The company has created a series of Andy Warhol scents; they're up to five now with their latest scent, Montauk (which I haven't tried). But I've worn the other four. Three of them were tremendous: my first exposure to a Bond scent was Lexington Avenue, a giddy gourmand which I flat-out adored, I loved Success is a Job in New York, a joyous homage to the eighties, and I wore the sixties-inspired Silver Factory so much I got sick of it.

But Union Square feels like a colossal misfire: a fruity floral that's so exaggerated, it's almost a parody of the category, which has dominated popular perfumery for so long now that it almost feels like a parody of itself. (The second of the Bond Warhols, it was released in 2008, which is kind of late to be jumping on a bandwagon that's been on the road for well over a decade.) The top of Union Square is a huge cartoon splat of wet fruit, appleish, melony, smelling for all the world like cheap candy dipped in toilet cleaner. Then the flowers, god help us; fake lily of the valley, artificial freesia, buckets of them, enormously synthetic--braggingly, peacockishly so.

There's presumably an end point to this, but I didn't stick around for it; the three times I put this on, I washed it off because I couldn't stand to have it poking at my olfactory cavities.

They have to have done this on purpose. They have to have created a big department-store fruity floral because everyone else had one. But why did they have to make it so dreadful?

The bottles are pure Warhol, and charming. But I cannot convince myself that he would have had anything to do with the contents.


Sunday, August 01, 2010

And In Other News

The French do an awfully good job of penning the most risible ad copy imaginable for their perfumes, but Estee Lauder is no slouch, either. You'd almost think they were in some sort of competition.

Perfumeshrine, which you absolutely should all be reading on a regular basis if you are not already, has a piece about an upcoming Lauder, Sensuous Noir, a flanker to their Sensuous of two years ago. I quite liked it, and I like the sound of this, too, but have a gander at the description of the scent.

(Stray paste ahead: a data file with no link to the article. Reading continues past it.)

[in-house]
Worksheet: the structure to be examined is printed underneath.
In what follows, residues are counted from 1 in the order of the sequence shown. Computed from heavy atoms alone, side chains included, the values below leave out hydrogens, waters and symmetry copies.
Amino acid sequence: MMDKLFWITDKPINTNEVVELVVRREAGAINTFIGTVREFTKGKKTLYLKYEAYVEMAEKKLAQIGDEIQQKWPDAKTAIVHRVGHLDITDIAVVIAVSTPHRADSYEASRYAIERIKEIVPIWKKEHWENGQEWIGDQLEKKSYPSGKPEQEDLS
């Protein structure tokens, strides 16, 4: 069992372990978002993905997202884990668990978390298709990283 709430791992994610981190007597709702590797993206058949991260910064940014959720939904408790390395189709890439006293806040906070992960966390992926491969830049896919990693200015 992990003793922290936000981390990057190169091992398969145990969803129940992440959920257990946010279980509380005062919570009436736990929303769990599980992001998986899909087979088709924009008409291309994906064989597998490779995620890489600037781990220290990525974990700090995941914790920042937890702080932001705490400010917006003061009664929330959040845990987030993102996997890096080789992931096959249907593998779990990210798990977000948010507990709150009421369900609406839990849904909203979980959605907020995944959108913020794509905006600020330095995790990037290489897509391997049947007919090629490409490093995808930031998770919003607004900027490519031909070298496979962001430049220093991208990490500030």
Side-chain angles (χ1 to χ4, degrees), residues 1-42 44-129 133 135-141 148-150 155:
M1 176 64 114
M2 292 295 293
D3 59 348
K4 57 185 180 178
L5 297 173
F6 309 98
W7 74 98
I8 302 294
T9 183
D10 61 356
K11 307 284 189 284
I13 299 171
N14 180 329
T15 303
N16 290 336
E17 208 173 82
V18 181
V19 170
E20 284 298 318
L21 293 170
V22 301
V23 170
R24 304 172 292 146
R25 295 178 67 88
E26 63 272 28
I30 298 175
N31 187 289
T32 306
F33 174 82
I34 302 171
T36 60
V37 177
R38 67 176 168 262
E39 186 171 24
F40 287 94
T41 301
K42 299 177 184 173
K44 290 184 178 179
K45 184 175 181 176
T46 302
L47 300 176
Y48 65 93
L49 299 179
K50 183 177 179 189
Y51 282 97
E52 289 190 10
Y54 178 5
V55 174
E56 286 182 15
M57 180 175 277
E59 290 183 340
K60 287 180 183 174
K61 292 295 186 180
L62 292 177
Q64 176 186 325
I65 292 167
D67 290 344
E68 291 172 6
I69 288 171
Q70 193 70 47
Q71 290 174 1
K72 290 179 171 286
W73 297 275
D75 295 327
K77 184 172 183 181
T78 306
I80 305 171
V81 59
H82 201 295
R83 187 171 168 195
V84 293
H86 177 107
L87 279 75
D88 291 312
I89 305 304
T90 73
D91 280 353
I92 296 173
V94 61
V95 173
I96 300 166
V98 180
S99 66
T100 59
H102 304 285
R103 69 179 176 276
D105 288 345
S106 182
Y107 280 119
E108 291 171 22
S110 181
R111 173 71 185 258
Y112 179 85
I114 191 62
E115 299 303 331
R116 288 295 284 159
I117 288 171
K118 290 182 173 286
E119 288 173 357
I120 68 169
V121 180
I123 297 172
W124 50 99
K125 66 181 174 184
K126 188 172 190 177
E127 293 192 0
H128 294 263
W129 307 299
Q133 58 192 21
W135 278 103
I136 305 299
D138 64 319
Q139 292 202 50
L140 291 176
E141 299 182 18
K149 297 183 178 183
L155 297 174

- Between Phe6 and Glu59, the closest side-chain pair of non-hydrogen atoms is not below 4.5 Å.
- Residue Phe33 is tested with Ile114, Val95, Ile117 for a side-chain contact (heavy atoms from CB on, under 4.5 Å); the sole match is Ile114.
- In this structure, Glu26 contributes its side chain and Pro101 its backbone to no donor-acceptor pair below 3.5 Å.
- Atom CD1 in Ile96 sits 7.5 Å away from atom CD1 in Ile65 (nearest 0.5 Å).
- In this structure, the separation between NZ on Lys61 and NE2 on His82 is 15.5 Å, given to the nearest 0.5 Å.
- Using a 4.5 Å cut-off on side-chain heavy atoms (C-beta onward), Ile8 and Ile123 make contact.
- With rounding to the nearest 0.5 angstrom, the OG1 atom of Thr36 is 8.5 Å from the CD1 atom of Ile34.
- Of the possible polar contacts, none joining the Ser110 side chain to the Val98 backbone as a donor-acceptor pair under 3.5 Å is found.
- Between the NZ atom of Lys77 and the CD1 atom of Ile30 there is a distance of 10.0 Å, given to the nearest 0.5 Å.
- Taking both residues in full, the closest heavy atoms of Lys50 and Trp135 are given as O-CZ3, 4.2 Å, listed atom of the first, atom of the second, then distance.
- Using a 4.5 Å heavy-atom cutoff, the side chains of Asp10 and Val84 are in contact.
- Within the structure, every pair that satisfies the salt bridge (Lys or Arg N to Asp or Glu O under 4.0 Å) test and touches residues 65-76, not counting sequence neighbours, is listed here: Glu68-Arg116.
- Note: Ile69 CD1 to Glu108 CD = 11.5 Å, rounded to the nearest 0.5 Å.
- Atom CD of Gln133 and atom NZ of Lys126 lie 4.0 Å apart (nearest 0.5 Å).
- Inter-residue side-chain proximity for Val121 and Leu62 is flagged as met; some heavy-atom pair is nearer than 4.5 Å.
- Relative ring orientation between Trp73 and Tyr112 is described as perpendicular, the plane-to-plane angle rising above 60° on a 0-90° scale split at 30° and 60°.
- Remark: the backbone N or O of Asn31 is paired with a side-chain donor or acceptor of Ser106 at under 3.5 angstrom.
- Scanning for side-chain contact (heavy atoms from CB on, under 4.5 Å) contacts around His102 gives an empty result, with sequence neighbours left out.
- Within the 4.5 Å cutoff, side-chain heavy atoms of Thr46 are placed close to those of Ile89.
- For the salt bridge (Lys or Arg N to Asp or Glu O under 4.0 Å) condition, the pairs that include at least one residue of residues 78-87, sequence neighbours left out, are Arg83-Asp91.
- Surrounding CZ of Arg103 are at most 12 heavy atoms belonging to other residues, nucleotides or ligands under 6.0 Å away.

Sensuous Noir is based on a chord of melted wood nature print, honey and amber but the floral aspects have been intensified: The fragrance encompasses exotic purple rose, rose essence and spiced lily, to evoke a midnight garden aura. “Queen of the Night,” alongside black pepper accent the scent with sweet headiness and spice respectively. The base includes "Crème Noir Accord" and Patchouli Prisma, alongside benzoin, honey, amber and vanilla, making for a gourmand take on woody.

So, so much bullshit!

First and foremost, the idea of Sensuous being a "molten wood" fragrance is a stupid one, and I see they haven't abandoned it for Sensuous Noir. Worse, even. Now it's a "melted wood nature print", which is insulting, because Nature Print is a technology used to extract a plant's scent molecules from their air and then synthesize them back at the lab, meaning that the result is not the process of extraction--which changes all scents--but something which in theory should smell precisely like the living plant in its environment. A lovely, tempting idea--unless you are trying to sell the idea of a "melted wood nature print", which is clearly nonsense because melted wood does not exist in nature. It doesn't exist at all!

Secondly, what is the deal with the invention of these ridiculous new accord names? "Creme Noir Accord"? Honestly. And "Patchouli Prisma"? Just a couple of days ago I derided Lauder for trying to invent a new scent category, "prismatic wood", and here they are again with the prisms. What is their deal? I know the market is crowded and they have to do something to make their product stand out, but do they have to insult us?

Still, you know, this does sound quite nice, and I will certainly be trying it when it hits the stores, though hearing "queen of the night flower" makes me think instantly of Dior Addict, which is also a vanilla gourmand floral with woody notes. Let's hope they're not too similar; it wouldn't be the first time Lauder has ridden the coattails of another established scent, but why would they copy something from 2002?